The FCA, Consumer Association and others such as MEPs are foolishly fixated with headline hourly rates. A client fee is linked to complexity, risk, scope of work and the amount. That will then determine who does the work – secretary, administrator, adviser, specialist consultant, director etc. So the actual rate the client pays can be £156 per hour or any figure down to say £80 per hour. You simply cannot shop around based on hourly rates. Period. Of course for one person bands it will always be £156 per hour! My advice to clients is sit down with your adviser, take advantage of the free initial consultation and get a quote or an indicative cost. And it is truly independent, no reliance on a product to facilitate the charge and works out a lot cheaper than 3% plus 1%.
    As for corruption – if recorded and presented correctly the actual hours worked can be presented to the client as evidence of the work involved and the client has every right to dispute the bill at that stage. And it can be used to justify why a bill is as high as it is. And advisers should not be afraid of adding items such as specific CPD / research to the bill – how many other professionals such as IT “gurus” learn on the job and charge you for doing so!
    And for our firm, fees and timesheets means that we can meet our capital adequacy requirement of £250,000 without a penny held in cash. Something which many commentators on fees v “commission” naively overlook.

  5. Good point.
    One size does not fit all.
    Why not give the CLIENT the CHOICE, fee or commission.
    Regulate commission with a 3% cap
    This would give balance to the polarised argument reguarding fees vs commission and enable the CLIENT to opt for what suits THEM.
    All very TCF

  6. RDR did not ban percentage based charging, in fact the only thing that RDR did was to force IFA’s to have a fee agreement signed in advance of work being done.

    IFA’s are trading businesses and therefore should be treated in the same way as any other trading business. If a solicitor is able to charge a percentage of an estate when dealing with probate why is an IFA not allowed to charge a percentage of an investment?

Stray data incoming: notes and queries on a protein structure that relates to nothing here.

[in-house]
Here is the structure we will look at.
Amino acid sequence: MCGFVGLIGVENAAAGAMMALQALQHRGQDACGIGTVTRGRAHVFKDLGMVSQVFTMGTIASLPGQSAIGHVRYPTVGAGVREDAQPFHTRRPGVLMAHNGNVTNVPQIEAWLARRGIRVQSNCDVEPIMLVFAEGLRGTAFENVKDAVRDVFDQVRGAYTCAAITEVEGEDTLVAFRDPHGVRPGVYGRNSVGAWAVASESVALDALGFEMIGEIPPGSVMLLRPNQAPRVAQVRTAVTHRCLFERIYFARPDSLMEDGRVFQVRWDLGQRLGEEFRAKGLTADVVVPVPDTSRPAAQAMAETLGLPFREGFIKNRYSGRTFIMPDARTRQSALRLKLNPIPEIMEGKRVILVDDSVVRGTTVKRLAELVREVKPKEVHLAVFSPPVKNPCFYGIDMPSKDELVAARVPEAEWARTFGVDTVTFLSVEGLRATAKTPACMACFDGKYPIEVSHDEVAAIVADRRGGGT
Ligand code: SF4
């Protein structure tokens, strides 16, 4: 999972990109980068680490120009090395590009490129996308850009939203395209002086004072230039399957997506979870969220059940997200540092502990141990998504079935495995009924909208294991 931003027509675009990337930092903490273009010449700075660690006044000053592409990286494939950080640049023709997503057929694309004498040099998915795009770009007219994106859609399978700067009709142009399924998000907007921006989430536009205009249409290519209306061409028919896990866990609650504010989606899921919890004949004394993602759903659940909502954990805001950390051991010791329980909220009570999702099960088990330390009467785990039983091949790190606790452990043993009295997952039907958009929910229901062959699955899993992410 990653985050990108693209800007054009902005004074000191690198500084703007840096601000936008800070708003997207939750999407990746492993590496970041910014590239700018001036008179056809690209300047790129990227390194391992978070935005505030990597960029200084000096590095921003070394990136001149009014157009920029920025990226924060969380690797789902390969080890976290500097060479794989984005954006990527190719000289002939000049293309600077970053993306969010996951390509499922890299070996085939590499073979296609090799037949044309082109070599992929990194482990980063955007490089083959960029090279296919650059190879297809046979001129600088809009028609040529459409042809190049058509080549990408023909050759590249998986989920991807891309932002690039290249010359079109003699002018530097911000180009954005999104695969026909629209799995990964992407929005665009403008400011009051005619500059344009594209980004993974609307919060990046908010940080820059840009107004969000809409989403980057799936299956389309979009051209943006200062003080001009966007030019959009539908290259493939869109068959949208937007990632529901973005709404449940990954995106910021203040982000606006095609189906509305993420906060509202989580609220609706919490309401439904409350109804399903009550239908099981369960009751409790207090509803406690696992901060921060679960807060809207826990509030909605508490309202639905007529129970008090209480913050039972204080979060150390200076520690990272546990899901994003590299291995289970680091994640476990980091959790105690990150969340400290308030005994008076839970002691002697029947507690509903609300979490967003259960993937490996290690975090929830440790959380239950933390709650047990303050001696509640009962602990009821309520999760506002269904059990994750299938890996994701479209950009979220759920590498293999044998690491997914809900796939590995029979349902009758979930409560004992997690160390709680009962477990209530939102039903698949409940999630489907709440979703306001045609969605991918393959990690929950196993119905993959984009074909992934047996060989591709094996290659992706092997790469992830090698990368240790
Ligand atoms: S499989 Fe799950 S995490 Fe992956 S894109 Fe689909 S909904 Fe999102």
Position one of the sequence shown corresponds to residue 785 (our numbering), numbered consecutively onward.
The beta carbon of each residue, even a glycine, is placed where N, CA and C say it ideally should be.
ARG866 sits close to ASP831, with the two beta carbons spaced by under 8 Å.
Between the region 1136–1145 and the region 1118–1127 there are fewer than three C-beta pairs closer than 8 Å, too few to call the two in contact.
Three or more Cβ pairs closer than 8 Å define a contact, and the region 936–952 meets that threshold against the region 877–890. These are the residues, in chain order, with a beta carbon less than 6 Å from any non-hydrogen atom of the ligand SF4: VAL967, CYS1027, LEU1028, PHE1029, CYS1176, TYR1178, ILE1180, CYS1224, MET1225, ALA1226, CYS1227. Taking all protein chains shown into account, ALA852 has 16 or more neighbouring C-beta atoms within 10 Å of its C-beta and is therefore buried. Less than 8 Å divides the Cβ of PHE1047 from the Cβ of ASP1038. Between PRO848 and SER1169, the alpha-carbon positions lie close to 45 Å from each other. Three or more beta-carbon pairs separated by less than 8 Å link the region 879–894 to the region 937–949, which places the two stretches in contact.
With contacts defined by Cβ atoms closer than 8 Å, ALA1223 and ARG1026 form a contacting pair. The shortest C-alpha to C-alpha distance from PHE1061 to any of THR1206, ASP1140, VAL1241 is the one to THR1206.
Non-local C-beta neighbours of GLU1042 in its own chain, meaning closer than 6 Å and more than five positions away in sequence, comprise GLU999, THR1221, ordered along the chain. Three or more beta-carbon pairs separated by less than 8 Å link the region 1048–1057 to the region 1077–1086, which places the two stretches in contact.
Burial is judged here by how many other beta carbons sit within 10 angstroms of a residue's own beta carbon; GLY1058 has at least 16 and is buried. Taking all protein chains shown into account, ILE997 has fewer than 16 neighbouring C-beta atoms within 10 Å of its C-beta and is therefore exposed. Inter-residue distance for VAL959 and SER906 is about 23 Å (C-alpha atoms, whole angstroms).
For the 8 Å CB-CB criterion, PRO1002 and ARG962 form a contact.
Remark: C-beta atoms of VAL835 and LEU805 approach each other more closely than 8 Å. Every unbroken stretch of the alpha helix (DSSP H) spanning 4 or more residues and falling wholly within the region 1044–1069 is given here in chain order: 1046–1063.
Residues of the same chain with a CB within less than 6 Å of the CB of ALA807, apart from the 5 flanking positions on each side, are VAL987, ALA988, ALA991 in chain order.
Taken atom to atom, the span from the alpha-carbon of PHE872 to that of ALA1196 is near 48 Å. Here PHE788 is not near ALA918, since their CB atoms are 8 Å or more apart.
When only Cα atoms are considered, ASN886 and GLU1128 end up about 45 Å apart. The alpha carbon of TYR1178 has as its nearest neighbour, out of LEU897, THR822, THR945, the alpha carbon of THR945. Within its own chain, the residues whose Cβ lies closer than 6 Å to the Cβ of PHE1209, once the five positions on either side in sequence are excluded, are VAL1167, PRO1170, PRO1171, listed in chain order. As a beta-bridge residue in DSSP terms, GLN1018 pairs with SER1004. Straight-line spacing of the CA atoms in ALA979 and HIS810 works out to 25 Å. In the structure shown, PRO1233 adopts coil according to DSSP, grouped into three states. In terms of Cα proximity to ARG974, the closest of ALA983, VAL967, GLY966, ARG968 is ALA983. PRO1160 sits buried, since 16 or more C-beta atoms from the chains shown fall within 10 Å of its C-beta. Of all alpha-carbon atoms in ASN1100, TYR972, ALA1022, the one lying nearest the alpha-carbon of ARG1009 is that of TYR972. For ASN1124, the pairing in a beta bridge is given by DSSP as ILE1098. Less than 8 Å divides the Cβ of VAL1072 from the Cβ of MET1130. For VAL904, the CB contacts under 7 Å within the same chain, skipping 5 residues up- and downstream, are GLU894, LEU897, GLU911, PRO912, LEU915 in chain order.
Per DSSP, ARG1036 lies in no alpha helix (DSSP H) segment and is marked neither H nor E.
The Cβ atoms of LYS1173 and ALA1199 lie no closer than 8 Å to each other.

I could give many other examples like estate agents, credit card companies charging retailers and many others.

    If the FCA moves to ban percentage charging then I would encourage the financial services industry to take the FCA to court on unfair business practises.

    RDR was about disclosure and making clients aware of what they are being charged in advance of advice. This has been successful in my view as no fee can be paid without a clients signature or authorisation.

    Maybe Mr Wheatley should pay more attention to fund managers or even discretionary management services, after all if you start banning percentage charging you have to treat the whole of the industry in the same way. That could effectively bankrupt some very large insurance companies particularly if it’s back dated like they’re trying to do with trail commission. Funds under management from insurance companies and investment houses will become worthless over night.

    Think before you speak comes to mind.

  7. Sounds like you were more than happy to be complicit in your nice little earner nic!
    According to the regulator & the media, advisers are damned if they do & damned if they don’t.

  8. The FCA should steer well clear of trying to tell advisers how to work out the cost of the advice they provide.

    My understanding of the FCA’s objection with % based fees is that clients don’t understand the cost. If this cost is quoted in pounds and pence at the same time then where is the confusion? Client knows what it is going to cost them and how it has been calculated.

    As has been mentioned previously it is up individual advisers to work out how much they can charge and continue to make a living. If this is done through % of funds invested or hourly fees then so be it.